And I wonder if it's a bad thing to be satisfied with what seems in some ways to be such a small life. Or is it healthy to accept my life as what it is, with ups and downs and limitations.
I went to a birthday party last weekend for a former co-worker's 5-year-old son, and was happy to see another former co-worker there. I'd wanted to check in with how she was handling being essentially pressured out of her job due to worsening multiple sclerosis. She hadn't answered emails I'd sent or voicemail I'd left. And I know from experience how hard it is when a chronic illness drastically changes your life. Although leaving the job she'd loved for many years was hard, she told me the hardest part was having to give up driving because she could no longer move her legs well enough to handle the foot pedals. (I'm not sure if her hands are reliable enough to get her car converted to hand controls, but I know she doesn't have the money right now anyways.) She is feeling very lonely and isolated -- losing the ability to drive was worse than losing the job, she said -- and I certainly remember feeling that way last summer and fall.
I think my friend is still in the angry stage of the grief process. Sometimes I think I haven't so much reached the acceptance stage as I've just lost the energy for the other stages.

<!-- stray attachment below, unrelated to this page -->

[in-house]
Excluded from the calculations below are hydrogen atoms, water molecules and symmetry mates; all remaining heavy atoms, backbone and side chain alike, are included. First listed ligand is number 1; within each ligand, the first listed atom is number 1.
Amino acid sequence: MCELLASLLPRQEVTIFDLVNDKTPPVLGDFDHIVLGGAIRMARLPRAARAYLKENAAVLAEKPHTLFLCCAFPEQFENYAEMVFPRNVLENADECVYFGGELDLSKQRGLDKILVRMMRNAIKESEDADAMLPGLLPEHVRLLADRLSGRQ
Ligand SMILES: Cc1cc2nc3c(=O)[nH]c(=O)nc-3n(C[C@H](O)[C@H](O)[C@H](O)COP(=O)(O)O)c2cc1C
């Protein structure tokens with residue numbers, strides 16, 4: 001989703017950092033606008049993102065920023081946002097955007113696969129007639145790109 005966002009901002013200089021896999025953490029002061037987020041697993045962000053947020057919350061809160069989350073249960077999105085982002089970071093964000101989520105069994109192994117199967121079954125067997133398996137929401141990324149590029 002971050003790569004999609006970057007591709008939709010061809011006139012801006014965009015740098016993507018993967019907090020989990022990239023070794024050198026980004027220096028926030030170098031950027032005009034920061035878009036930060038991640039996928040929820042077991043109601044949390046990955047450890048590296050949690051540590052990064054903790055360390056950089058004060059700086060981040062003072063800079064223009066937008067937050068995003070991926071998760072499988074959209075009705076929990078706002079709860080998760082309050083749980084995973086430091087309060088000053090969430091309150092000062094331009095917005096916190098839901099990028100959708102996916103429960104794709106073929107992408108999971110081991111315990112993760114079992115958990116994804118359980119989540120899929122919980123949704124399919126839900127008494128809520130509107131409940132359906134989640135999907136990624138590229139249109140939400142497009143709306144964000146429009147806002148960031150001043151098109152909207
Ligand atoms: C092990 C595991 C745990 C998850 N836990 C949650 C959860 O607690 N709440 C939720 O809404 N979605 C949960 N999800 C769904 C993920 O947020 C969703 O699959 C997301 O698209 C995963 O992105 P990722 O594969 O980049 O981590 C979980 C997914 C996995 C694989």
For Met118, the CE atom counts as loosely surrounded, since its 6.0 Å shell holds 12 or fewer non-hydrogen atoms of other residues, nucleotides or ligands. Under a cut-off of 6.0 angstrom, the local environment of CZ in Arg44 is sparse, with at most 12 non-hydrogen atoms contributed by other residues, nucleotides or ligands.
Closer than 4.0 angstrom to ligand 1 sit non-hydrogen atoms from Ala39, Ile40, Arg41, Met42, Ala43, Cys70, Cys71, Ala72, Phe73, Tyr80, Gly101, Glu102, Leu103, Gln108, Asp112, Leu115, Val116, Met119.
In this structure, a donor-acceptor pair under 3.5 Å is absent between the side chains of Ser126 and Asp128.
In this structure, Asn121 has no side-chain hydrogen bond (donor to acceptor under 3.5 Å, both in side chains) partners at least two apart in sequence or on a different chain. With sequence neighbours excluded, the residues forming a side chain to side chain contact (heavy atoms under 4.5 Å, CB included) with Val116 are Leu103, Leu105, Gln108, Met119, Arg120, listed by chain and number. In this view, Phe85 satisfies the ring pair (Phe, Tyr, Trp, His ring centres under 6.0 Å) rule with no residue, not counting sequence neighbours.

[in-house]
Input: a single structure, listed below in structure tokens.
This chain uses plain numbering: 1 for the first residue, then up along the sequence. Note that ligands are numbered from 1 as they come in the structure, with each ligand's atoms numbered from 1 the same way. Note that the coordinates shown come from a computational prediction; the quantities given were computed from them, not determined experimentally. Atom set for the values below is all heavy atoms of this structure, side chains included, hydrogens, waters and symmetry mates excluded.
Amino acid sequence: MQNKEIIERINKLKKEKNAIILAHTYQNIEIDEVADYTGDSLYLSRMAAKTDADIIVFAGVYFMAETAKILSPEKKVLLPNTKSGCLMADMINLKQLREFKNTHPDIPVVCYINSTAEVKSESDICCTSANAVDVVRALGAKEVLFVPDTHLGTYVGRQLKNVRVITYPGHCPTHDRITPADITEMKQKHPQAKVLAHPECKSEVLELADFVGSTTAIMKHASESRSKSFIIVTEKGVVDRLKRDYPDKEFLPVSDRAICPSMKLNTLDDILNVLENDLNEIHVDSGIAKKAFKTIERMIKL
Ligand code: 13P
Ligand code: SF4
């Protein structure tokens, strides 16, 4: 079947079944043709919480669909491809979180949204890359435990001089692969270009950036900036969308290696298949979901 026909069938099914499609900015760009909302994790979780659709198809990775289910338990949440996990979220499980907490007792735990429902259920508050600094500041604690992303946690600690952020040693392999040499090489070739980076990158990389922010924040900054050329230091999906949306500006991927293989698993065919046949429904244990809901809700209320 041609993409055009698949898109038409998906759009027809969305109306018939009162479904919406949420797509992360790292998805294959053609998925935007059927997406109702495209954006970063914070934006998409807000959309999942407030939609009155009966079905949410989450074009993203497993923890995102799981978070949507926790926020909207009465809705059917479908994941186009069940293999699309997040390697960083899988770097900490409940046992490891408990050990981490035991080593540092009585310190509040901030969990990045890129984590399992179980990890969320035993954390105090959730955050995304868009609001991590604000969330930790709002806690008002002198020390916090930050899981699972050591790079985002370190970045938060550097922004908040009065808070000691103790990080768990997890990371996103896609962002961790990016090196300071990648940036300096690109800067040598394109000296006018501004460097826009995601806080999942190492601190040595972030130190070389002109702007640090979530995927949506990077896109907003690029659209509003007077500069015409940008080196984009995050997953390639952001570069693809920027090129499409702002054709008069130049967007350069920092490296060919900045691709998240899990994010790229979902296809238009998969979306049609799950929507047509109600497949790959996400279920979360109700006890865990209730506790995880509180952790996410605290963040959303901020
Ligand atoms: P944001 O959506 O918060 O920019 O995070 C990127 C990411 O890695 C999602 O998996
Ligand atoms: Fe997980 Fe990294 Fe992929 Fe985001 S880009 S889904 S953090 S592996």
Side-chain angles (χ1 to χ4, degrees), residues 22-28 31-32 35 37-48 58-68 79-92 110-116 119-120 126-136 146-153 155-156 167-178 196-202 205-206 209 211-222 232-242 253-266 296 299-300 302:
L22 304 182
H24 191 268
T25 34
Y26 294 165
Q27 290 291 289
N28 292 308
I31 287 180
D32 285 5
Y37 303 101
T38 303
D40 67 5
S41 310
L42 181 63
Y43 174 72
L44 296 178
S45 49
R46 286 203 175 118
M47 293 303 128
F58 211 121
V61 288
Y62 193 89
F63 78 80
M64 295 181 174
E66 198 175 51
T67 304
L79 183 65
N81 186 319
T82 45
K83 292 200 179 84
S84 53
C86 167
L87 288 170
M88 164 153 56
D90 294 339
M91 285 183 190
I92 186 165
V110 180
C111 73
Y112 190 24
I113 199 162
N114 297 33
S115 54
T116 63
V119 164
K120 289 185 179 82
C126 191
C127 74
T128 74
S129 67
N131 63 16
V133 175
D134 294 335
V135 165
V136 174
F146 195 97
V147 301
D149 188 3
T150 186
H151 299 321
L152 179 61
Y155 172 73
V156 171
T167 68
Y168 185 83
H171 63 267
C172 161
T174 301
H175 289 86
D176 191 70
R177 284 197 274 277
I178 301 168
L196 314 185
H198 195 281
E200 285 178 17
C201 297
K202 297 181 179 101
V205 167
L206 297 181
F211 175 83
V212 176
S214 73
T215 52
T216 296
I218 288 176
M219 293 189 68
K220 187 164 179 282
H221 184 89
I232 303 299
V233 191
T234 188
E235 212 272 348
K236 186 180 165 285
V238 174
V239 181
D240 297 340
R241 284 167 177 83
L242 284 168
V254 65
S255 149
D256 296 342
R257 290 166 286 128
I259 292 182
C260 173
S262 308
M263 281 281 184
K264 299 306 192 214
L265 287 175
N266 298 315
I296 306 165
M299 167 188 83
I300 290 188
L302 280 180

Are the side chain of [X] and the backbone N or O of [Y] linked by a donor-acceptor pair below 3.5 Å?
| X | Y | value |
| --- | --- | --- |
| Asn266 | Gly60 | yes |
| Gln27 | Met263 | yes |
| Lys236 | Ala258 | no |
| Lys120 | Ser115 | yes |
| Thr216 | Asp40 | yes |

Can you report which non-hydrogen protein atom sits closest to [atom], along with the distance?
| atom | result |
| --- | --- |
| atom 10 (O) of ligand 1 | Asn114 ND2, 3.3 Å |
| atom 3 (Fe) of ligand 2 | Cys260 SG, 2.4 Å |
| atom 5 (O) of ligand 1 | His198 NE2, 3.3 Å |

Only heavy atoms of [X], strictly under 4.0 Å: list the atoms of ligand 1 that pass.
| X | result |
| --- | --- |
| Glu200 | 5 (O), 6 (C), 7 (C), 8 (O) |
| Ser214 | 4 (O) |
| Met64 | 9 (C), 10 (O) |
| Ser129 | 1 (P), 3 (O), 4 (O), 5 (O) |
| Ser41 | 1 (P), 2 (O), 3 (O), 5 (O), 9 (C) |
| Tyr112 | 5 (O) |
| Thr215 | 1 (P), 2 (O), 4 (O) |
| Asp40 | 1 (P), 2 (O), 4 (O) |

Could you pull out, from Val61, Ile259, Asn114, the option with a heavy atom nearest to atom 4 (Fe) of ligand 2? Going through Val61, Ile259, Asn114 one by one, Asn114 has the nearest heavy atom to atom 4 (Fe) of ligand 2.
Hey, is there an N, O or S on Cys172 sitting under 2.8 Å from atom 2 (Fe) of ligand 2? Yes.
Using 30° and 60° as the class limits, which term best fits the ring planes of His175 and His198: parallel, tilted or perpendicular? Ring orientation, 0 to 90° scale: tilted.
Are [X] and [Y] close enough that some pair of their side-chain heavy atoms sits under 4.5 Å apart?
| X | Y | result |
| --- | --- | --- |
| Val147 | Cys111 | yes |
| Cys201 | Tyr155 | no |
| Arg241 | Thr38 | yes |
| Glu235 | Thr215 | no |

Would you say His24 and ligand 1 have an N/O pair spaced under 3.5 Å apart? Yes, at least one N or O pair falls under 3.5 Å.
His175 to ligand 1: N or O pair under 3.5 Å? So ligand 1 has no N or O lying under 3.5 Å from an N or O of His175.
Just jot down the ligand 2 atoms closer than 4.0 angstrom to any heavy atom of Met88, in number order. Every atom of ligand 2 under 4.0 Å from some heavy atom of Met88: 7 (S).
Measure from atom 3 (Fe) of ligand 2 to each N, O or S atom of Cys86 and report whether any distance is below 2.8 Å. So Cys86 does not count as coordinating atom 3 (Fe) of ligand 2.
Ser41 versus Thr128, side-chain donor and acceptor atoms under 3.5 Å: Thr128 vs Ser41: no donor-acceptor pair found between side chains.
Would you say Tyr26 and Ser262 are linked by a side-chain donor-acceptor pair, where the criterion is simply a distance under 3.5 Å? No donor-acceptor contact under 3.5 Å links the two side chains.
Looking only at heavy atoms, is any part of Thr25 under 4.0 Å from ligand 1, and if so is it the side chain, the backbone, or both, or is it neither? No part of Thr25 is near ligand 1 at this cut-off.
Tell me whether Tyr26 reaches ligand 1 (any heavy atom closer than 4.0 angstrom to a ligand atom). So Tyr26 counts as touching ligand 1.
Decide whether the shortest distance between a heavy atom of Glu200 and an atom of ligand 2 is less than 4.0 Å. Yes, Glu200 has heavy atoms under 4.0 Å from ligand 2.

So I have a new toy -- a Gateway laptop that I'm still learning to use.
I'm hoping that being able to be online from places other than my desk, where I tire quickly, will help me feel like I can stay more connected. We'll see!
I had some money set aside from my AP days (my credit union account) that we've declared my education funds. I don't know that I'll manage to start taking classes in the fall like I hoped, but a laptop is going to be essential no matter when I start.
And this one was a bargain, although I still need to get a copy of Microsoft Office to run on it. (Boy do I miss having a friend at Microsoft willing to get me software at the company store! The last I got was Office Professional 2003 -- the full version -- for $40. I don't think I'm going to be able to manage that this time!! :)
Anyway, with luck, I'll be able to post more frequently here.
I don't know what I was thinking last weekend -- or the few weeks before when I made the plans ...